F214- Respiration

Notes on the respiration module using specification points

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Outline why plants, animals and microorganisms need to respire, with reference to active transport and metabolic
Metabolic processes that need energy include
Active transport- moving ions and molecules across a membrane against a concentration gradient. All
cell membranes have a sodium-potassium pumps and these maintain the resting potential. When this
pump momentarily stops in neurone membranes, sodium ions enter the neurone and an action
potential occurs
Secretion- large molecules made in some cells are exported by exocystosis
Endocytosis- bulk movement of large molecules into cells
Synthesis of large molecules from smaller ones e.g. proteins from amino acids, steroids from
cholesterol and cellulose from -glucose
Replication of DNA and synthesis of organelles before a cell divides
Movement- e.g. bacterial flagella, eukaryotic cilia and undulipodia, muscle contraction and microtubule
motors that move organelles around inside cells
Activation of chemicals- glucose is phosphorylated at the beginning of respiration so that more is
unstable and can be broken down to release energy
Describe, with the aid of diagrams, the structure of ATP;
State that ATP provides the immediate source of energy for biological processes;
Phosphorylated nucleotide
Found in both prokaryotic and eukaryotic cells
Each molecule consists of adenosine and three phosphate groups
It can be hydrolysed to ADP and Pi releasing 30.6kJ energy per mol.
It is known as the universal energy currency as energy is released in small manageable amounts for
powering chemical reactions in cells and it is found in all types of cells
Explain the importance of coenzymes in respiration, with reference to NAD and coenzyme A;
Organic, non protein molecule
Helps dehydrogenase enzymes to carry out oxidation reactions
Contains the ribose sugar, the nitrogenous base adenine and phosphate groups
When NAD accepts two hydrogen atoms with their electrons it becomes reduced. It then acts as a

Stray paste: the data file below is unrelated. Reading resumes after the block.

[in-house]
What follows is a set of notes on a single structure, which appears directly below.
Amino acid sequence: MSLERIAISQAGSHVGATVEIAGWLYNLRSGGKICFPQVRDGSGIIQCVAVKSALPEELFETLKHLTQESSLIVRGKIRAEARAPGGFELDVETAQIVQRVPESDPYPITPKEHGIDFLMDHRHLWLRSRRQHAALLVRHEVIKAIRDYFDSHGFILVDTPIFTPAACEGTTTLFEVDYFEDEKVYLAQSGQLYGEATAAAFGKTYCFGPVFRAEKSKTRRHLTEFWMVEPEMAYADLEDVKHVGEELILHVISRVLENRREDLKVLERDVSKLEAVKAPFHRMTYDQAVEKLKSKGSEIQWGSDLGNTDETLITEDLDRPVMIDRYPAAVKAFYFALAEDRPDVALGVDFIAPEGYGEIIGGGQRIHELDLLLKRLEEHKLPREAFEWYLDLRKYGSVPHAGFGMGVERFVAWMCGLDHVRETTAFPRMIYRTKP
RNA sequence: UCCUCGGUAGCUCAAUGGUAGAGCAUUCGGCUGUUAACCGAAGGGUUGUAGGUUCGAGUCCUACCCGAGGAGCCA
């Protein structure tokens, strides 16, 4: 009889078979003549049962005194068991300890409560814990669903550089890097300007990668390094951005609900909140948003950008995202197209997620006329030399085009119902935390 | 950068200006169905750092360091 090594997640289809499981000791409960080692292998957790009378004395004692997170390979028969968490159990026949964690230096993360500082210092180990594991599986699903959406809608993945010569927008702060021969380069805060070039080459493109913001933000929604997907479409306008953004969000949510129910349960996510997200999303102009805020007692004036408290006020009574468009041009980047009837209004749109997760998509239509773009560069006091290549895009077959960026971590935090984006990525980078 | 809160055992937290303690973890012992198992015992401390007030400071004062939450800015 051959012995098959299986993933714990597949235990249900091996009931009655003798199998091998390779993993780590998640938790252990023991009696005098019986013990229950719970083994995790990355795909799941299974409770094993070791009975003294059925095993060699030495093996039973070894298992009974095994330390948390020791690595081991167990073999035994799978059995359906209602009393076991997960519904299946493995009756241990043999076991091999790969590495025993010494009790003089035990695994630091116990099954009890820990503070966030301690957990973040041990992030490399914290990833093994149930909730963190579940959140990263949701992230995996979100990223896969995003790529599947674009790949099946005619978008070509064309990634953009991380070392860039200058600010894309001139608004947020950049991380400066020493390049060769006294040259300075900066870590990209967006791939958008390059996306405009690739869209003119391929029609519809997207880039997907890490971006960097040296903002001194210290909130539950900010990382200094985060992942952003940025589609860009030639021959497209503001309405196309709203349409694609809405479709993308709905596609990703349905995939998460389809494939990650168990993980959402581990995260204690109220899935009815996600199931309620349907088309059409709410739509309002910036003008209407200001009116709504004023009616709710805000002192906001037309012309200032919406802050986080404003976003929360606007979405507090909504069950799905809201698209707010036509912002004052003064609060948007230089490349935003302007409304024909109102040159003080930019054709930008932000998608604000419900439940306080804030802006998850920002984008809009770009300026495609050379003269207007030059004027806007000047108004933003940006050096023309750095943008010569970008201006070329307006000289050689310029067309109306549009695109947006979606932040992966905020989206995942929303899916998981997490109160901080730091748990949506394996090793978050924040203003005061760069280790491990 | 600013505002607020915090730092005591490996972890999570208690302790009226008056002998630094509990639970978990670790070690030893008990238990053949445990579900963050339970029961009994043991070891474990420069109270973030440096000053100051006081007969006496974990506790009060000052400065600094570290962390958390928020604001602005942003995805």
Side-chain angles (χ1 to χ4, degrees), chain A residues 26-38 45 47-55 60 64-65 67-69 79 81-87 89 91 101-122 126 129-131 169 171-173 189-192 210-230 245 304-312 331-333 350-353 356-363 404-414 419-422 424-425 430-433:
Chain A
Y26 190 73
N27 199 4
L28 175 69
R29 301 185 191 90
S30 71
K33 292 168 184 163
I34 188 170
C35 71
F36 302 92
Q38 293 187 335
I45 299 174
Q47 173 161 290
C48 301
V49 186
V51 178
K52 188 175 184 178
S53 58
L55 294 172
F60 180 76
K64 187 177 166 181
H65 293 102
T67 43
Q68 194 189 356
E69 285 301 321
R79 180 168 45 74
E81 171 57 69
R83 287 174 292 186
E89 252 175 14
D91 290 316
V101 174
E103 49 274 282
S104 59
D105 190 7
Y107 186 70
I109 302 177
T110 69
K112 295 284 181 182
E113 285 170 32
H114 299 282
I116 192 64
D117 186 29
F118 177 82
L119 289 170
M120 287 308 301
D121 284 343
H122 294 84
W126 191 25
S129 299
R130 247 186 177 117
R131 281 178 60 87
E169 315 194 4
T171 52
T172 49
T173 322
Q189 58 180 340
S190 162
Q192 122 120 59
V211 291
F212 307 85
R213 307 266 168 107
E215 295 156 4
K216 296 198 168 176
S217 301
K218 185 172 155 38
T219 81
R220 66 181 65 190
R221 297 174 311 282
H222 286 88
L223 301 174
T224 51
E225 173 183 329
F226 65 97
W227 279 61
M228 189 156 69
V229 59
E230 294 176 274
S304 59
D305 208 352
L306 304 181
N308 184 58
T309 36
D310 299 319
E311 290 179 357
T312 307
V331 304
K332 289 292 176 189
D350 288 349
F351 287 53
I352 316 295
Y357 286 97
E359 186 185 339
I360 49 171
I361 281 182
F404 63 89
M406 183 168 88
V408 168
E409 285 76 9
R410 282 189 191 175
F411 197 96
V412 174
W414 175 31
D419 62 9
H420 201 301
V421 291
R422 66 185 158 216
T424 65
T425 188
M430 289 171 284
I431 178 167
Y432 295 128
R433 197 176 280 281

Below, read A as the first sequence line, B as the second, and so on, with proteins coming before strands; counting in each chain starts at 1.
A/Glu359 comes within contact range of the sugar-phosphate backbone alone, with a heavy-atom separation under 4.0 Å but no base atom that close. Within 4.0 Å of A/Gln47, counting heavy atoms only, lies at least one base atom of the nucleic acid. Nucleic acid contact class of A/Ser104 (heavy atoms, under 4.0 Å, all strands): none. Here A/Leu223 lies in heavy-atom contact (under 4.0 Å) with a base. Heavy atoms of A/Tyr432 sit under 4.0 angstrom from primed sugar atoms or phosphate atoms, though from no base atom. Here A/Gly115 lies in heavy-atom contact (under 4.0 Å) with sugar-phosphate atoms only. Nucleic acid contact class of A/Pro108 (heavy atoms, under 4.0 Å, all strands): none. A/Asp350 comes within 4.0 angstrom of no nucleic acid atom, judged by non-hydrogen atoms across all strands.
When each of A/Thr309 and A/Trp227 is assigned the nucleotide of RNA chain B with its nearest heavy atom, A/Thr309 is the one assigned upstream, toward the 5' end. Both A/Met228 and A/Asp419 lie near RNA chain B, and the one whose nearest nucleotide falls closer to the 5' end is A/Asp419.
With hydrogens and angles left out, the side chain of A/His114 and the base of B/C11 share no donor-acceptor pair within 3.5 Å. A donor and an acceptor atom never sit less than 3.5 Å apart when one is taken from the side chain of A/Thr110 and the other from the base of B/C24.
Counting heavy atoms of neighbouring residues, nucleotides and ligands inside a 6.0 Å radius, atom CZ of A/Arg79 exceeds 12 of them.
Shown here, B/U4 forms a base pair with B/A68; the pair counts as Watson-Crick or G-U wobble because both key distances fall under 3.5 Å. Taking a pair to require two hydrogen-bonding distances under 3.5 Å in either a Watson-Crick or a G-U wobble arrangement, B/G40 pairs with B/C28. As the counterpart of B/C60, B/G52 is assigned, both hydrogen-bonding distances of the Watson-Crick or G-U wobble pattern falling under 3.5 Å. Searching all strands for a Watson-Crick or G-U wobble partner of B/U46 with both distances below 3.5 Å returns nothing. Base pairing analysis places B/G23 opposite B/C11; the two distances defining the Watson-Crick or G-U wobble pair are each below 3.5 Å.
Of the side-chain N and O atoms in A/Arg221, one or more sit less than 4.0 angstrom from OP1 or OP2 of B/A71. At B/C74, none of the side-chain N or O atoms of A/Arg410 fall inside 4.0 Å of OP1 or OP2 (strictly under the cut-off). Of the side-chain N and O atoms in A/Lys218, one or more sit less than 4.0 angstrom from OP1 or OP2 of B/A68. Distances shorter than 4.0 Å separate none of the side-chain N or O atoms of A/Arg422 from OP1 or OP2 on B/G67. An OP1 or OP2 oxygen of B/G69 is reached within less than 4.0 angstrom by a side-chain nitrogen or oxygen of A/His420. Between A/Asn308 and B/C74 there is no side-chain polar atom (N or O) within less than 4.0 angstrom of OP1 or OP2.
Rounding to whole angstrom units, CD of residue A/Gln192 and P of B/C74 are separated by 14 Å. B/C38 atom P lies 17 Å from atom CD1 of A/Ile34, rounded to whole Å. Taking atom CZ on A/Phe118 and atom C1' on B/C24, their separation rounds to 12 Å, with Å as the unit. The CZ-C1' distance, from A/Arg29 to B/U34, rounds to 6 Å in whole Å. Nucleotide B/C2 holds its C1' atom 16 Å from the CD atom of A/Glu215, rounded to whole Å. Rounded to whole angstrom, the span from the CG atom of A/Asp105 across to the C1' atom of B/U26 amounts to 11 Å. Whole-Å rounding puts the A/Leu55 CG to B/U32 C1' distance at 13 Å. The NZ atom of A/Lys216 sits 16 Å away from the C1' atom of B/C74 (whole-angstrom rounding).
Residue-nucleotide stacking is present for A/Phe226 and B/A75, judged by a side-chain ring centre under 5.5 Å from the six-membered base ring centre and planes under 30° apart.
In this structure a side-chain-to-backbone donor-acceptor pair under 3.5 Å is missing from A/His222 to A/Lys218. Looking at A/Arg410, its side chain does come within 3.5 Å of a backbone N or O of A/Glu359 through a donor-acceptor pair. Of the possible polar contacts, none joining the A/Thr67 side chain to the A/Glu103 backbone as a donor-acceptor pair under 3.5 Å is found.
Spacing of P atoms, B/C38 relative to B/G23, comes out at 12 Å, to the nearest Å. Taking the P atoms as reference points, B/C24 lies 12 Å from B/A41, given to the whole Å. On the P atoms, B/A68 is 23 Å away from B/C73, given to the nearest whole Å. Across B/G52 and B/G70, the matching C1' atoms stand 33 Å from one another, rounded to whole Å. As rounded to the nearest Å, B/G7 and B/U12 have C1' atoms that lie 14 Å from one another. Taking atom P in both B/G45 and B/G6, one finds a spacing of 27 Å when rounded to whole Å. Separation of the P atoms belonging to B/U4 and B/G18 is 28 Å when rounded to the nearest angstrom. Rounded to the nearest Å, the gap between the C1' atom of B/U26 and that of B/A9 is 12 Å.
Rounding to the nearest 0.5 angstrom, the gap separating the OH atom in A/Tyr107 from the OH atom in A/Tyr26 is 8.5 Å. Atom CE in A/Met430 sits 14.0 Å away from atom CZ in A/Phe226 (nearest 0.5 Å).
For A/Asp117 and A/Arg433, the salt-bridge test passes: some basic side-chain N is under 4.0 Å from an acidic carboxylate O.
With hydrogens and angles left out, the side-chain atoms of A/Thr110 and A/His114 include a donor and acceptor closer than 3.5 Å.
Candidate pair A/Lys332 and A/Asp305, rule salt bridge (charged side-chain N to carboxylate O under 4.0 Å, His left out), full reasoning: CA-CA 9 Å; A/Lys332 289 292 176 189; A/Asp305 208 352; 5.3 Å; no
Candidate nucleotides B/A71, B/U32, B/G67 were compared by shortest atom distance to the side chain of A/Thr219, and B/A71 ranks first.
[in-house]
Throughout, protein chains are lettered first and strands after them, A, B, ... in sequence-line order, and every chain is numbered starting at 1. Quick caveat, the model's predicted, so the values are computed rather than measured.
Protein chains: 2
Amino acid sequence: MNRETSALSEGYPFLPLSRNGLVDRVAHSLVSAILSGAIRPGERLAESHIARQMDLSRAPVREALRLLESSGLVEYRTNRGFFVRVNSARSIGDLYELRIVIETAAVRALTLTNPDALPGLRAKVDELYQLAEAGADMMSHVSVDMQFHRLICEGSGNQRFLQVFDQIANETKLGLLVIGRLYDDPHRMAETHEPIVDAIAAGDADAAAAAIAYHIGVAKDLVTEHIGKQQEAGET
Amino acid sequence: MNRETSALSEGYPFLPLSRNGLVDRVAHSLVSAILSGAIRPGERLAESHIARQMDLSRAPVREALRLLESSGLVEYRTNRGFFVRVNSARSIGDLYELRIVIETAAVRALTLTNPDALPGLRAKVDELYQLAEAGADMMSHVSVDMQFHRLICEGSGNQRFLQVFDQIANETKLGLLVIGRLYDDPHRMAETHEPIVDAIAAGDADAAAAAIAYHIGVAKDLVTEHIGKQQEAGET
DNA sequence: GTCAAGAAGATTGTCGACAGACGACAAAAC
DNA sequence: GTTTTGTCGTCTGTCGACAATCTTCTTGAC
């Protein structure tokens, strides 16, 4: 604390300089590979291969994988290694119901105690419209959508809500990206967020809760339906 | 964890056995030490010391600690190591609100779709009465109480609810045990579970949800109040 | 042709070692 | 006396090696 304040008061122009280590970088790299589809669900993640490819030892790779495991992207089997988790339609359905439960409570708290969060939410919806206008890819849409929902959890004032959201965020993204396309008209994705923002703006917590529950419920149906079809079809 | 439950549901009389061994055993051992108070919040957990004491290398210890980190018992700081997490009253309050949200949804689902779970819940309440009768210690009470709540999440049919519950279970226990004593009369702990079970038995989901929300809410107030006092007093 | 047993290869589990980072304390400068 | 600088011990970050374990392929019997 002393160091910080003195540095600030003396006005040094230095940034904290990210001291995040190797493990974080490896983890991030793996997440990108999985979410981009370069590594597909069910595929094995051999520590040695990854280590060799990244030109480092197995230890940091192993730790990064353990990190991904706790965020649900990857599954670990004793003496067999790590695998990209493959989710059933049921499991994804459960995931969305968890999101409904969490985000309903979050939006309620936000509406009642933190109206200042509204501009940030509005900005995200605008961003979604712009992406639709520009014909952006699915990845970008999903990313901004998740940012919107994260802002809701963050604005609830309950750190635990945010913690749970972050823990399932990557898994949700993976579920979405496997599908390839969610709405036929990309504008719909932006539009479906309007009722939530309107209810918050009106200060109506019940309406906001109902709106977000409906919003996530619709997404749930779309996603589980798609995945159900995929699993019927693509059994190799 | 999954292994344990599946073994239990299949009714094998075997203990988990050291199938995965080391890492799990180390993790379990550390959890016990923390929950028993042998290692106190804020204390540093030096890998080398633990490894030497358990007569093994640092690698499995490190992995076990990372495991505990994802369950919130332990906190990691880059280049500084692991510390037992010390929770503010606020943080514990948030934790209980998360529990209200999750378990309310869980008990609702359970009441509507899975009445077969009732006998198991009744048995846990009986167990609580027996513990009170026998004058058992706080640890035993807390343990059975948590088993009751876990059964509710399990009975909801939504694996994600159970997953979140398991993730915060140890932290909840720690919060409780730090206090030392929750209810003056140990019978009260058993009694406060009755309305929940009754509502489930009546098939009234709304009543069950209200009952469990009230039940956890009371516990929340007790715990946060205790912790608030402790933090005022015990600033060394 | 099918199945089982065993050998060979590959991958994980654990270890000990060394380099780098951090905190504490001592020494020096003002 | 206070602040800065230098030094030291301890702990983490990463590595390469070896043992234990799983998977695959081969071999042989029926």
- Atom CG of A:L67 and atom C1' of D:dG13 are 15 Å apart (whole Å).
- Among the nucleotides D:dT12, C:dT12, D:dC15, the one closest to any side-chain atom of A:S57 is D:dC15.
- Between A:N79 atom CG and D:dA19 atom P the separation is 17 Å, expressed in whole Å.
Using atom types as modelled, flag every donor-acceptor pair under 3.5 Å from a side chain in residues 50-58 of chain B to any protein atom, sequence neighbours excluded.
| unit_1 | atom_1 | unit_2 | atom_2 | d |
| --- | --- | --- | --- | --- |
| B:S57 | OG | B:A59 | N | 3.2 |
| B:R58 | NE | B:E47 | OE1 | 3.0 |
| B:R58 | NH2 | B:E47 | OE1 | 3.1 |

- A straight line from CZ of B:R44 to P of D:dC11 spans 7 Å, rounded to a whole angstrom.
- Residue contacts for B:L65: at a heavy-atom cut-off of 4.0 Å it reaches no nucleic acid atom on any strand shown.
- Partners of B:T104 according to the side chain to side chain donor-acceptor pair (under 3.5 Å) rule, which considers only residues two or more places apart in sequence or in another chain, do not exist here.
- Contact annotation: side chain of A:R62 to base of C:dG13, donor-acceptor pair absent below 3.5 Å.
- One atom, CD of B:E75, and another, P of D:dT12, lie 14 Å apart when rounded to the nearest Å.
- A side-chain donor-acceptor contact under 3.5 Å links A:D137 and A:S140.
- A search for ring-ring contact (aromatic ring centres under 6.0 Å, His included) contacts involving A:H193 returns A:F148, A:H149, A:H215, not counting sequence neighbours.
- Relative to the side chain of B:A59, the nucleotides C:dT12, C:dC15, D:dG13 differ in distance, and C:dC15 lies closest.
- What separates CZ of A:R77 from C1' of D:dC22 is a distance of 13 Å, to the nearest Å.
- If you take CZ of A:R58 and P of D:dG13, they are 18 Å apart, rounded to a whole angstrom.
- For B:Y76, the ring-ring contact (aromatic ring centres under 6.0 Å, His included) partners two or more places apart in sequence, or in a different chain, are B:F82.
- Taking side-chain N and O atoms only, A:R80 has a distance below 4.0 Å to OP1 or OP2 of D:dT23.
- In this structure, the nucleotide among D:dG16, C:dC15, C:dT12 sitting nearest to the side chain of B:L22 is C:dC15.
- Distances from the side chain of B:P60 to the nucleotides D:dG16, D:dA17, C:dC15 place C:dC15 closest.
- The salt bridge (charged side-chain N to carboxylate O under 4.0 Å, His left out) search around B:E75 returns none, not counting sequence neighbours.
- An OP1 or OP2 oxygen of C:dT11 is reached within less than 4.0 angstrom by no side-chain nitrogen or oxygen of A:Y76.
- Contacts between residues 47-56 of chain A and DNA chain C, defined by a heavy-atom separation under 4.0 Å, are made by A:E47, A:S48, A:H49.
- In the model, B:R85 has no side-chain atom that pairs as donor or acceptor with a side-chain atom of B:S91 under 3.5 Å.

reducing agent by donating electrons
NAD operates during Glycolysis, the link reaction, Krebs cycle and during the anaerobic ethanol and
lactate pathways
Coenzyme A
Carries ethanoate groups made from pyruvate during the link reaction onto the Kreb's cycle
It can also carry acetate groups that have been made from fatty acids or from some amino acids onto
Kreb's cycle
Acetate + CoA AcetylCoA
Living organisms don't have much NAD or CoA in their cells as they are recycled/ regenerated.
State that glycolysis takes place in the cytoplasm;
Outline the process of glycolysis

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One ATP molecule is hydrolysed and the phosphate group released is attached to the glucose molecule
at carbon 6
Glucose 6-phosphate is changed to fructose 6-phosphate
Another ATP is hydrolysed and the phosphate group released is attached to fructose 6-phosphate at
carbon 1 which activates the hexose sugar which becomes fructose 1,6-bisphosphate
The energy released from the hydrolysed ATP molecules activates the hexose sugar and prevents it
from being transported out of the cell.…read more

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Some of the electron carriers also have a coenzyme that pumps protons from the matrix to the
intermembrane space using energy released from the passage of electrons
ATP synthase enzymes
Are large and protrude from the inner membrane into the matrix
Are also known as stalked particles
Allow protons to pass through them
State that the link reaction takes place in the mitochondrial matrix;
Outline the link reaction, with reference to decarboxylation of pyruvate to acetate and the reduction of NAD;
Explain that acetate…read more

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The first electron carrier to accept the electrons from reduced NAD is a protein complex called
The protons go into solution in the matrix
Electron transport chain- the electrons are passed along a series of electron carriers and then donated to
molecular oxygen, the final electron acceptor
Outline the process of chemiosmosis, with reference to the electron transport chain, proton gradients and
As electrons flow along the electron transport chain, energy is released and used by the coenzymes
associated with some of…read more

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Alcoholic fermentation (under anaerobic respiration in yeast cells)
Each pyruvate molecule loses a carbon dioxide molecule; it is decarboxylated and becomes
This reaction is catalysed by the enzyme pyruvate decarboxylase which has a coenzyme bound to
Ethanal accepts a hydrogen atom from reduced NAD which becomes reoxidised as ethanal is
reduced to ethanol.…read more

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Excess amino acids, released after protein digestion, may be deaminated. This involves removal of the
amine group and its conversion to urea.…read more


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